This is another discussion with regard to Status under section 2(3) of the Longshore and Harbor Workers’ Compensation Act (33 U.S.C. 902(3)). It’s about construction workers. This includes all of the welders, electricians, roofers, plumbers, carpenters, etc., who build, renovate, and repair buildings and other structures.
I’m not talking about: dock and pier building and repairing, seawall and bulkhead repairing and building, and the variety of maintenance and janitorial workers that work in and around the buildings in maritime areas. Those status discussions are for another day. The status of these workers often involves either a discussion of the meaning of “harbor worker” in section 2(3), or an analysis of the workers’ direct, essential involvement in shipbuilding or cargo handling.
This is about the construction contractors who construct buildings. These are the same workers who build office or industrial buildings nowhere near any navigable waters. We are discussing the maritime status of these workers because for our purposes they happen to be working on a building on a maritime situs.
Please refer back to recent posts for the General Principles of Status. Workers on a maritime situs must be engaged in “maritime employment” to meet status, i.e., work that is essential or integral to traditional maritime activity.
Thus, not all work done on a maritime situs is maritime employment covered by the Longshore Act. But work that is not by its nature maritime, such as in the generic construction trades, can become maritime employment based on the location of the work and the purpose and use of the structures being worked on.
For most of the workers we are discussing there is nothing uniquely maritime in the work that they do. Constructing a building, renovating a structure, repairing a roof, etc. can be done anywhere. When it’s done on a maritime situs, however, we must be alert to the issue of USL&H coverage if there is the possibility that the workers may meet status.
There are two broad factors in the evaluation of status for construction workers: the purpose or function of the building or structure, looking for an essential maritime relationship, and the timing of that relationship.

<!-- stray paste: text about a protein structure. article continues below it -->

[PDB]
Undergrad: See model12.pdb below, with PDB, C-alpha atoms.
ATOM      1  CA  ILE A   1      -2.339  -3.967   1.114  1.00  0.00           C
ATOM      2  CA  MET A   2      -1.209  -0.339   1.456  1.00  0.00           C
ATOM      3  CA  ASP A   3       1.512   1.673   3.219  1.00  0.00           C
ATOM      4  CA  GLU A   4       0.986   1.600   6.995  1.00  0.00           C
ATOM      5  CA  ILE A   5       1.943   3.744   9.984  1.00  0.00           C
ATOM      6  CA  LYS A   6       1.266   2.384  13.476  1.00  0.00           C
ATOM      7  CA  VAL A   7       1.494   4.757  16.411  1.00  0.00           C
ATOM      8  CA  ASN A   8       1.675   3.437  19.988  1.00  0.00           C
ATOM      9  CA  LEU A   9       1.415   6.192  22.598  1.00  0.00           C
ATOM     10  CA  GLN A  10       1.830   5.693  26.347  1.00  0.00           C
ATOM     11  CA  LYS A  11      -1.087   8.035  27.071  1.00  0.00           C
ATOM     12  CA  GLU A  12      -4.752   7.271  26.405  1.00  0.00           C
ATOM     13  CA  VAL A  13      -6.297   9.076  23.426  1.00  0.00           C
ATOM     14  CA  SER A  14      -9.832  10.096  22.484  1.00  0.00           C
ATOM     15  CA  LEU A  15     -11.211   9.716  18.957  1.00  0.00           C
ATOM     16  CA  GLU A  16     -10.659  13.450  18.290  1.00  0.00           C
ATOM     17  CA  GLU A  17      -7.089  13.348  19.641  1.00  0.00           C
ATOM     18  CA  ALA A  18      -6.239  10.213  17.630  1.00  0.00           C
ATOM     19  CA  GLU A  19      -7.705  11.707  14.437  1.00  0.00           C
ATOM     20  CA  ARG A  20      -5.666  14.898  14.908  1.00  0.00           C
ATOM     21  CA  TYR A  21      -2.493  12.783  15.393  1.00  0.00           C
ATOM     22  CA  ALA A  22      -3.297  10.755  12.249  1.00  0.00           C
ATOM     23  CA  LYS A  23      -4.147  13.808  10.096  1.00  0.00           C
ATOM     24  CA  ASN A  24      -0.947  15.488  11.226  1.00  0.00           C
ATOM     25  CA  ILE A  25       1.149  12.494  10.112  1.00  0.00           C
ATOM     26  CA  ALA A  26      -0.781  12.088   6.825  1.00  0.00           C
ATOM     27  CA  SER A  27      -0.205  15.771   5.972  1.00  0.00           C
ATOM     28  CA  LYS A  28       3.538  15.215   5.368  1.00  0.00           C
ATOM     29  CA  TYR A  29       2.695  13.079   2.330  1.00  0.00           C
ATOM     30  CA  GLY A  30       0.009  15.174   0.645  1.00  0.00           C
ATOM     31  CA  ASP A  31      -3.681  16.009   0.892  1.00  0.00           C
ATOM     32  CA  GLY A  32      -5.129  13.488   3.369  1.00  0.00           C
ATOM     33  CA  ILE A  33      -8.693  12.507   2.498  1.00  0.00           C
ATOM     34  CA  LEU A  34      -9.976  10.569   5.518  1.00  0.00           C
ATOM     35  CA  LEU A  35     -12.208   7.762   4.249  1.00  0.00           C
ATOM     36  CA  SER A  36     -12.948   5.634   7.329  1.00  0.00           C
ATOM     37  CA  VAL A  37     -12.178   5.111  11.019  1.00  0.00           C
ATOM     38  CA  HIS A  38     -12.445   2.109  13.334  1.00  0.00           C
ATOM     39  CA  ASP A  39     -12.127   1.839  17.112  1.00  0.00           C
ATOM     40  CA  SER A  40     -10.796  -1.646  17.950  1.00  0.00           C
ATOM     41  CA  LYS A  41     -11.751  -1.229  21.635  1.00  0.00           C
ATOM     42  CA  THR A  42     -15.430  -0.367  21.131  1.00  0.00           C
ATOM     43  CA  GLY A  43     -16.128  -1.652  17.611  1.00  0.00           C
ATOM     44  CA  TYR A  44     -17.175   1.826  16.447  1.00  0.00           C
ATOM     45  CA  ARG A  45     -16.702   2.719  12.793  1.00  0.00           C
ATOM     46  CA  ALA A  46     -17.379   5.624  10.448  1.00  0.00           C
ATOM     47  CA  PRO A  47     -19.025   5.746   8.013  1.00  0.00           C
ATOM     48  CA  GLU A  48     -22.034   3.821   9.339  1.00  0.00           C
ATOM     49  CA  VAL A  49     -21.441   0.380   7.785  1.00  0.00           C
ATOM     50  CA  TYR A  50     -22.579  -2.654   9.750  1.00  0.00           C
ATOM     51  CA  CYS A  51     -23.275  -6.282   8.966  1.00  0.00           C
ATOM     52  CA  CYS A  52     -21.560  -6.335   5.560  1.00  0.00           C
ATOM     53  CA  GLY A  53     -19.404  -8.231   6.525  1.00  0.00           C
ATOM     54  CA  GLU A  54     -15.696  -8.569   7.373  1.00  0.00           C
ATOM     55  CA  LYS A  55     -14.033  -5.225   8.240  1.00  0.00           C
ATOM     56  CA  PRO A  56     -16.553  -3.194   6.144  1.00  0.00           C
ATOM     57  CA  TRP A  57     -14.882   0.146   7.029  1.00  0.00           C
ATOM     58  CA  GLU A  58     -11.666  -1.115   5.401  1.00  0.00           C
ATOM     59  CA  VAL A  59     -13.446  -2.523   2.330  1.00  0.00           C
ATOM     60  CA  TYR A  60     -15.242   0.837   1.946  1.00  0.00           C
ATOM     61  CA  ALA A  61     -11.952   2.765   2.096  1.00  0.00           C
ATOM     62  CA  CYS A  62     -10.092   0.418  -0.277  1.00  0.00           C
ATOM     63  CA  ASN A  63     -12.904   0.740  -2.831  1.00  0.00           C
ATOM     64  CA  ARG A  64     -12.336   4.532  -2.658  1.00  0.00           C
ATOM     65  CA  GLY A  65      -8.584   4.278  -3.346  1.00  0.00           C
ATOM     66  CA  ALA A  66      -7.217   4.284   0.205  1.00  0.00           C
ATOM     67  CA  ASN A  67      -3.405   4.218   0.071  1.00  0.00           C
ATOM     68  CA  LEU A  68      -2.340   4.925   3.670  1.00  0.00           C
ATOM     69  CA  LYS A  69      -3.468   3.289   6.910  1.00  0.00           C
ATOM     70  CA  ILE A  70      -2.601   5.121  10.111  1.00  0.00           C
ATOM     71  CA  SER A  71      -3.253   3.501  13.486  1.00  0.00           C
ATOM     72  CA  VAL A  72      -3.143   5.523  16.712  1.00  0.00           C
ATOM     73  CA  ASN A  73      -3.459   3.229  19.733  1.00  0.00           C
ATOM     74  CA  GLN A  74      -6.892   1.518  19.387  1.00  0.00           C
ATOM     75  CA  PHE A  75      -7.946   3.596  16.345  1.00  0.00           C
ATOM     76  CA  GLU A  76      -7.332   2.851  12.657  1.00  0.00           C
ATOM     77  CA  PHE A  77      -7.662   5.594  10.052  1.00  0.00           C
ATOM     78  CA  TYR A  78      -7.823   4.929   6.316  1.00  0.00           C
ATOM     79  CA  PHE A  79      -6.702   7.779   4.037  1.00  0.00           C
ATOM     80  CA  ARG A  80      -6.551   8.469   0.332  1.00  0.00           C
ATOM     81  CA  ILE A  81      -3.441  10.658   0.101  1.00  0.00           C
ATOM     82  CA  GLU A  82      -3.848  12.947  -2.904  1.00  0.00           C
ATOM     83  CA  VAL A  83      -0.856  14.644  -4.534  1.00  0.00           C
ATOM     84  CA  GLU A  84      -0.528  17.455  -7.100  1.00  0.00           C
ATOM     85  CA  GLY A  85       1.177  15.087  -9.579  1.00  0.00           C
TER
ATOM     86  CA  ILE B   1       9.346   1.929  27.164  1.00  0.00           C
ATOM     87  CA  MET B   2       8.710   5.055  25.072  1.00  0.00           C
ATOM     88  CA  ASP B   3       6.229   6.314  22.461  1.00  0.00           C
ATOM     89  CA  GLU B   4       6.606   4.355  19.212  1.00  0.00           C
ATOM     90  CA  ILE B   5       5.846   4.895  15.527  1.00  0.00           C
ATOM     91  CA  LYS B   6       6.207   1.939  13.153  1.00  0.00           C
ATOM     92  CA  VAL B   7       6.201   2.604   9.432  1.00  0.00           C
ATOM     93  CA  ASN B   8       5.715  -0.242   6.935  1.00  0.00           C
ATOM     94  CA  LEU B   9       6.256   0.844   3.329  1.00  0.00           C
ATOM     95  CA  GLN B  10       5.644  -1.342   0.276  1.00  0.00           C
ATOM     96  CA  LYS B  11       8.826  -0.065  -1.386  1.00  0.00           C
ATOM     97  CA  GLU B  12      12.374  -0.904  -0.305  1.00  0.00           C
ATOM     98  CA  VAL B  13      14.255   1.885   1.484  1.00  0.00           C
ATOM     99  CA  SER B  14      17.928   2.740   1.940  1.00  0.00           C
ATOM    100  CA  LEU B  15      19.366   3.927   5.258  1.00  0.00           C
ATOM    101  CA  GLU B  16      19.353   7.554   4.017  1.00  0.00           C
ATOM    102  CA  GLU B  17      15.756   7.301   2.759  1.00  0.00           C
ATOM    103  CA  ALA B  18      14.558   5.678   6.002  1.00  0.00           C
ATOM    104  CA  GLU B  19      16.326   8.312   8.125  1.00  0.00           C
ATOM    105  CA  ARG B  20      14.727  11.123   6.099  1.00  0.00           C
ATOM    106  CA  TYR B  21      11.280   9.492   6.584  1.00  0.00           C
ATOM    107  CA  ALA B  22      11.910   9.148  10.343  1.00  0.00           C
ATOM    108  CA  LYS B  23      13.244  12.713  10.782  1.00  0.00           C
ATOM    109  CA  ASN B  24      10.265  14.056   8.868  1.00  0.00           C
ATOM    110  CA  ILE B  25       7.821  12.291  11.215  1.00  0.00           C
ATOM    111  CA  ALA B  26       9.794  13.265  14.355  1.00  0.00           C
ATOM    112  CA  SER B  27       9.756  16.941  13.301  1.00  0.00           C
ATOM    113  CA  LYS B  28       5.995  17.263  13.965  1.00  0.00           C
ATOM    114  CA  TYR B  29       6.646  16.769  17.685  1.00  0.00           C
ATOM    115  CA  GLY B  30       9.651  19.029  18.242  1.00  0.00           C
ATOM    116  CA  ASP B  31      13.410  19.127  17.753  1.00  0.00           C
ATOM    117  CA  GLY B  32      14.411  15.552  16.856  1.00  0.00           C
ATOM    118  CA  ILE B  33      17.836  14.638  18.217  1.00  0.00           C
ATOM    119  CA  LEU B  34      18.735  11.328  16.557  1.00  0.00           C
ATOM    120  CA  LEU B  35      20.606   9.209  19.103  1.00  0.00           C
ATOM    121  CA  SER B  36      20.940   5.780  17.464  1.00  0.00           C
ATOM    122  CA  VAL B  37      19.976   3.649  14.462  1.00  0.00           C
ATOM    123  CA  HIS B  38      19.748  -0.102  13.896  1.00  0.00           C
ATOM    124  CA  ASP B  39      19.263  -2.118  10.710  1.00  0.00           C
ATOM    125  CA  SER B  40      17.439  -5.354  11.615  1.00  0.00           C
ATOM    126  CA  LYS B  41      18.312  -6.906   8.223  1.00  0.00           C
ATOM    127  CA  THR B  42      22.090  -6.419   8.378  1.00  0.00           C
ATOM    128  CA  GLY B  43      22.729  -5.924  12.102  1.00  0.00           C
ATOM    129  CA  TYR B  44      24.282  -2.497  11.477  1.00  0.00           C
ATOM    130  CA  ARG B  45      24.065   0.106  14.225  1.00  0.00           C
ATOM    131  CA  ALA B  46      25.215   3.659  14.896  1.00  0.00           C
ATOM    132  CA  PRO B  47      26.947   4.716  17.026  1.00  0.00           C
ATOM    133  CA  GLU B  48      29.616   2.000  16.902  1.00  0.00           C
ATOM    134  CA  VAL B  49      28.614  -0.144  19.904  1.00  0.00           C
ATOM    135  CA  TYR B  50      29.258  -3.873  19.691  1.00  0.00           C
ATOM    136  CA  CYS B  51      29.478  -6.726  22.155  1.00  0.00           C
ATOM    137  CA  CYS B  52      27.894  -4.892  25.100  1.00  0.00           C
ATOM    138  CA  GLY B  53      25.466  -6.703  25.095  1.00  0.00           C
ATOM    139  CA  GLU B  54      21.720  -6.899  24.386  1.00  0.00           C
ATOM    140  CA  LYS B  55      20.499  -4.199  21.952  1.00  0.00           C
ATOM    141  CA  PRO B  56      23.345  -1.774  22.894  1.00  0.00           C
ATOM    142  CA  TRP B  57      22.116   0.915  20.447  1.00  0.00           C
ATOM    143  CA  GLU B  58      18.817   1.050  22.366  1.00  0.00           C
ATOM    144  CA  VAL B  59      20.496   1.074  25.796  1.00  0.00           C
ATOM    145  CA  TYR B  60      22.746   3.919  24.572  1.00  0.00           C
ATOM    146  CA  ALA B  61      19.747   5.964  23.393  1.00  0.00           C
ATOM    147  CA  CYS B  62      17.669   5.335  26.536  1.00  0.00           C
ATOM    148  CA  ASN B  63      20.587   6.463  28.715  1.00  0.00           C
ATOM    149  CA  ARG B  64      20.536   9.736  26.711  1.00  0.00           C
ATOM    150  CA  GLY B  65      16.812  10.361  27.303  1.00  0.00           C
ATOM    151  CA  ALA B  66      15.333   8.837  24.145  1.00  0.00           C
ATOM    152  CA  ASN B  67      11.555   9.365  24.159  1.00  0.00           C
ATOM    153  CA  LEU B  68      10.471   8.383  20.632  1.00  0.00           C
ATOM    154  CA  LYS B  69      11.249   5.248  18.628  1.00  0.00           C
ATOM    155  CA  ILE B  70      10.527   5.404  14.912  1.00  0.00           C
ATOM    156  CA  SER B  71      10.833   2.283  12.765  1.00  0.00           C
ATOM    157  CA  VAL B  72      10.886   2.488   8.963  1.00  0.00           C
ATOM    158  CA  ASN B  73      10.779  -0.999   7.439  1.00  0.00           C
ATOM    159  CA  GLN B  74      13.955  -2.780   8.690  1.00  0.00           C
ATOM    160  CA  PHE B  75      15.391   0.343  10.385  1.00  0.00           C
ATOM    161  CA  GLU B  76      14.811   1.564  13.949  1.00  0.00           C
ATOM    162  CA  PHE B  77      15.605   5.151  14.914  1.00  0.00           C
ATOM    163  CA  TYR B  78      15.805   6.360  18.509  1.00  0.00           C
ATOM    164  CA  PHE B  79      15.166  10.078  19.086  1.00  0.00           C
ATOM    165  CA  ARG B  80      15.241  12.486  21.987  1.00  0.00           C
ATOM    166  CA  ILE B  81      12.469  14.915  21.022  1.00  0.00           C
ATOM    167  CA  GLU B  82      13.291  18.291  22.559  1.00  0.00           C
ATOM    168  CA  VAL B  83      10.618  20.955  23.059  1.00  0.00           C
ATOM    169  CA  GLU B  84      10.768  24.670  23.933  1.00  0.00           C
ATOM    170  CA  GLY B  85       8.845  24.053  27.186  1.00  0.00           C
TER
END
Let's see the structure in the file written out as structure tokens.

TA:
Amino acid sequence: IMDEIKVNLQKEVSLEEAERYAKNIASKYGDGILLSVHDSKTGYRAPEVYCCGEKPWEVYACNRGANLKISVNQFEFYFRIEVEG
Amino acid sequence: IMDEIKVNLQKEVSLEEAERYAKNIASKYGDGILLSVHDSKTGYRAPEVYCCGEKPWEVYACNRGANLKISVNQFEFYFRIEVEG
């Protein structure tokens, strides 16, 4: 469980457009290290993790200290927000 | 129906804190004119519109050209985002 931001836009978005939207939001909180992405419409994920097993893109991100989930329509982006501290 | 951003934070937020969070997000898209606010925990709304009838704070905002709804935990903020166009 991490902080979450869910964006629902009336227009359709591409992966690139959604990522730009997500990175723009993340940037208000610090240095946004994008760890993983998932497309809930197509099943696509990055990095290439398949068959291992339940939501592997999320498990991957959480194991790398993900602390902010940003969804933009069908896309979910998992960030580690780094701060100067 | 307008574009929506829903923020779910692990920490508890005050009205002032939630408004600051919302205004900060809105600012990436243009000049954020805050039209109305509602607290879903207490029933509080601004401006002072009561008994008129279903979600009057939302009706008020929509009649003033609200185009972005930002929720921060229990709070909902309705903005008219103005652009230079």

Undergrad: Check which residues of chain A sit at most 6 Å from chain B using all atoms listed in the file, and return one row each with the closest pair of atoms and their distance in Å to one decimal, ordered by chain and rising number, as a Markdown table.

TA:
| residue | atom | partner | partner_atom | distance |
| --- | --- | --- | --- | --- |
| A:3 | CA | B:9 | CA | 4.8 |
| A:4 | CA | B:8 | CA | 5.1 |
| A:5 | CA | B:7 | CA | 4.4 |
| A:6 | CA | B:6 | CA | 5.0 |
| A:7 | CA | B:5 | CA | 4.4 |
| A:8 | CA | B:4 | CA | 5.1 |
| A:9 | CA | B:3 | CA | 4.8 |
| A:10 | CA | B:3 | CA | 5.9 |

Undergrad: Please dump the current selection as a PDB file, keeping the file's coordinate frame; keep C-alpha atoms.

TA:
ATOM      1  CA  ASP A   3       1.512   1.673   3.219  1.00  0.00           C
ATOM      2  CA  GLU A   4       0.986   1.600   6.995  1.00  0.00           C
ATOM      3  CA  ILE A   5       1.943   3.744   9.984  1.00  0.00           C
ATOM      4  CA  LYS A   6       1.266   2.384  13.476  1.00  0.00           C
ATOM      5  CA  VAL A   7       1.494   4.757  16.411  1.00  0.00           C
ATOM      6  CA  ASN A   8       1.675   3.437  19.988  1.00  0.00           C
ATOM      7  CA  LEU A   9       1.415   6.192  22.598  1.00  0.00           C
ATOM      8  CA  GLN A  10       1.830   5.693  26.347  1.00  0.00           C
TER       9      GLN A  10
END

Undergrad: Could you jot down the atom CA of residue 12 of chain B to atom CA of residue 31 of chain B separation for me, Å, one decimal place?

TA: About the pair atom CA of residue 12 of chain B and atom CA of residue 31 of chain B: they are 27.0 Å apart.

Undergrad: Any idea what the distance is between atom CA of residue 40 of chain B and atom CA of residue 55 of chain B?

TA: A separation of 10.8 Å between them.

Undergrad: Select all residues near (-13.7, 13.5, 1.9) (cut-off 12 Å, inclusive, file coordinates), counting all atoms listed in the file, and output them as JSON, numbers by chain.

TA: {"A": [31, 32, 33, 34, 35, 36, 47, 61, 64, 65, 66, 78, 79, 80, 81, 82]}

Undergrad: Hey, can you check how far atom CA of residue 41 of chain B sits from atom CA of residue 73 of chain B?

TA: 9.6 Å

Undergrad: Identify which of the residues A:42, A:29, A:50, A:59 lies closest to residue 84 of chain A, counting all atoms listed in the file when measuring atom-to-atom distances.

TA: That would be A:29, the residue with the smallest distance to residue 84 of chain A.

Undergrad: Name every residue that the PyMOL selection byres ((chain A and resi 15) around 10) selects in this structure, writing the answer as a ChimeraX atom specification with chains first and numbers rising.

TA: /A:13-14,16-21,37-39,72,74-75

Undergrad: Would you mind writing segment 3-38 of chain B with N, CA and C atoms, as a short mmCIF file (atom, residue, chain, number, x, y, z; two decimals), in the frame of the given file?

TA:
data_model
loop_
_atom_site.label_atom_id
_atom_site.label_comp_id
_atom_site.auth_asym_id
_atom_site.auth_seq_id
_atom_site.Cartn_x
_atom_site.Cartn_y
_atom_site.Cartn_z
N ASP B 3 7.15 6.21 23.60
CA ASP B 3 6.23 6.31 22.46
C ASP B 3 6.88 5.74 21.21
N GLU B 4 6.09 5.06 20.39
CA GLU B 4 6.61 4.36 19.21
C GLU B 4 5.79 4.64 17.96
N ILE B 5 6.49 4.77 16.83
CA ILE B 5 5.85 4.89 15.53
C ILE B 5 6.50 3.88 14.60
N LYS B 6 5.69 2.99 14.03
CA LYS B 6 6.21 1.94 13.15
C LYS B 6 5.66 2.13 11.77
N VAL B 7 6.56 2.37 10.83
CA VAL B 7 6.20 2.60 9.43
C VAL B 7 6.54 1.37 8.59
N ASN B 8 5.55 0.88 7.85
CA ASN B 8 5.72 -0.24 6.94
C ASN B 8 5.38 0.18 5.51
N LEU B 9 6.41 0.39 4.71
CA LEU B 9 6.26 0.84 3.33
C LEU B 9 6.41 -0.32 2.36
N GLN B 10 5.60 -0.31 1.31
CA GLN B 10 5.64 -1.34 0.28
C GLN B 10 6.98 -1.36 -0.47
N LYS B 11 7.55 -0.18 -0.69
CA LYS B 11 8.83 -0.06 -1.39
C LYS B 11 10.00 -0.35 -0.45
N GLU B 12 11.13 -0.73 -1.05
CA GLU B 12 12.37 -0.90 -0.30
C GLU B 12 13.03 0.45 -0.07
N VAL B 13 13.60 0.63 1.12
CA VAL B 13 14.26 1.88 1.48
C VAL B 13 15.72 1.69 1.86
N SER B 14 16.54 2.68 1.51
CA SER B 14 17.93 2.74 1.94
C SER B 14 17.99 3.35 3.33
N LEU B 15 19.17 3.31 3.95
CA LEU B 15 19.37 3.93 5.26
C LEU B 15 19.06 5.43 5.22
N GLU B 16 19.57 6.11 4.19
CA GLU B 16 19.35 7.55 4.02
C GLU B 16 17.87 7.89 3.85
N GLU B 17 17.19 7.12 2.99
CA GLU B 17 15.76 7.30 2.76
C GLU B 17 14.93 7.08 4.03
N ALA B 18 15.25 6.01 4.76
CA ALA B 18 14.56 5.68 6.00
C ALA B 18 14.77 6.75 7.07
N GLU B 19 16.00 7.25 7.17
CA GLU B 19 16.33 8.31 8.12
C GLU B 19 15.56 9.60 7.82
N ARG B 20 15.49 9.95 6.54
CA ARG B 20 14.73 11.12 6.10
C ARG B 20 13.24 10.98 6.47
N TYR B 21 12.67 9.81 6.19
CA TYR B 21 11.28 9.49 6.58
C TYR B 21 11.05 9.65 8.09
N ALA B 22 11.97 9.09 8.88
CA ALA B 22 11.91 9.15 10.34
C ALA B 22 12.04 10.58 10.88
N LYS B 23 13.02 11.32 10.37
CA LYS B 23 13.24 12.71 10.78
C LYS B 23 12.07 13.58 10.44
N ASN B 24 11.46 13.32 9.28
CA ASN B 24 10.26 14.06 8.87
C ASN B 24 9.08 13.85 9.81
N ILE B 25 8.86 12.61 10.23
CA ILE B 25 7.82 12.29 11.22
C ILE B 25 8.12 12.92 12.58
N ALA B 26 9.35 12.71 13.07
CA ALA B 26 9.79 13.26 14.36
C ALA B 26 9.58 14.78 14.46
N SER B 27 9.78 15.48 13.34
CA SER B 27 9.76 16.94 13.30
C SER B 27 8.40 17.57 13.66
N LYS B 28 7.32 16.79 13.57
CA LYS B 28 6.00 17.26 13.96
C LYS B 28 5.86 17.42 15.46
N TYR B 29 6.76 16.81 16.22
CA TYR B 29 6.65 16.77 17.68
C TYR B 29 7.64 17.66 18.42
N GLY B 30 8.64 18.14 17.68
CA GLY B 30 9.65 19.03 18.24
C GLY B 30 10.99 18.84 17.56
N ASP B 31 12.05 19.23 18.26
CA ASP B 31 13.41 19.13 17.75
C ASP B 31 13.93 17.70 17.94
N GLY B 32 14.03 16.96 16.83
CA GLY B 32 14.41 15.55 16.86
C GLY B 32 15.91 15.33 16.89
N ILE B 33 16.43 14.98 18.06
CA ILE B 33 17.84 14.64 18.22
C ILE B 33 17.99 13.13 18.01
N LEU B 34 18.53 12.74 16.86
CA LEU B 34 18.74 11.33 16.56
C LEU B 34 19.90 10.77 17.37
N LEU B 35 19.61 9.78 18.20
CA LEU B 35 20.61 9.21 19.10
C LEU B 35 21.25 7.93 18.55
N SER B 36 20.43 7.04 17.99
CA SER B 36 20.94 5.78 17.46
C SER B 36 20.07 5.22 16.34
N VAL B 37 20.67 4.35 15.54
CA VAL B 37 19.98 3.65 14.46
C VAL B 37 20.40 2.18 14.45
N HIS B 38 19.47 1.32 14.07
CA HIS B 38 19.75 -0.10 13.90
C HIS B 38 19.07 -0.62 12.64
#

First, there’s the purpose of the building. Remember, construction work does not become maritime employment merely because it is being done on a maritime situs. The building or facility has to be essential or integral to loading/unloading of vessels or to shipbuilding/ship repair/ship breaking, or in a parallel analysis, the workers may qualify as “harbor workers” as that phrase is (unfortunately not) defined in section 2(3).
Principle: Not only those workers who directly handle cargo or work directly on building or repairing vessels can meet status. Those workers who build, repair, and maintain the buildings and equipment essential to those processes can also meet status.
We’re getting repetitive, but: the duties of the workers do not have to be maritime in nature, but the building they are working on has to have a maritime purpose, essential to loading/unloading or shipbuilding/ship repair.
A warehouse at a waterfront terminal that is used to store cargo while it is in an intermediate stage of being loaded/unloaded, is a maritime structure. A building located at a shipyard where parts for vessels are fabricated is a maritime structure. They are integral or essential to maritime operations.
A construction worker who is building, repairing, or renovating a building of this type is going to meet the status test for Longshore coverage. The worker’s skills are not maritime, but the purpose or function of the building is. Usually status depends on the occupation of the worker (is the job integral or essential to loading/unloading or shipbuilding/repair), but for construction workers on a maritime situs it is not specifically their job duties, but the purpose of the structure that they are working on that determines maritime status.
But that’s not the end of it. There is also a timing element that comes into play. Basically, it seems that the nature of the building as a uniquely and essential maritime structure is determined as of its present use. Future or intended use may not be enough to confer status.
A pair of actual cases illustrates this point.
A pipefitter building a power plant at the Norfolk Naval Shipyard failed to meet Longshore Act status. Although the plant would eventually provide steam and electricity to shipbuilding operations, at the time that the claimant was on the site it was new construction and the building had never performed a maritime function. When the job was finished the claimant would have been off the site and on to another construction project (Weyher/Livsey Constructors Inc. v Prevetire, 27 F.3rd 985 (4th Cir. 1994)).
But two maintenance workers at that same power plant at a later date did meet Longshore Act status. The plant was operating and steam and electricity were going to supply shipyard operations. They were maintaining an operating, essential maritime facility (Kerby v Southeastern Public Service Authority, 31 BRBSD 6 (1997)).
So, I guess that it’s not that complicated after all. Construction workers on a job on a maritime situs must be working on a maritime structure with a present maritime purpose or function integral or essential to cargo handling or shipbuilding/ship repair in order to meet the test for maritime status.
That’s pretty broad strokes, but I think that it qualifies as a Principle.
ABOUT THE AUTHOR
John A. (Jack) Martone served for 27 years in the U.S. Department of Labor, Office of Workers’ Compensation Programs, as the Chief, Branch of Insurance, Financial Management, and Assessments and Acting Director, Division of Longshore and Harbor Workers’ Compensation. Jack joined The American Equity Underwriters, Inc. (AEU) in 2006, where he serves as Senior Vice President, AEU Advisory Services and is the moderator of AEU's Longshore Insider.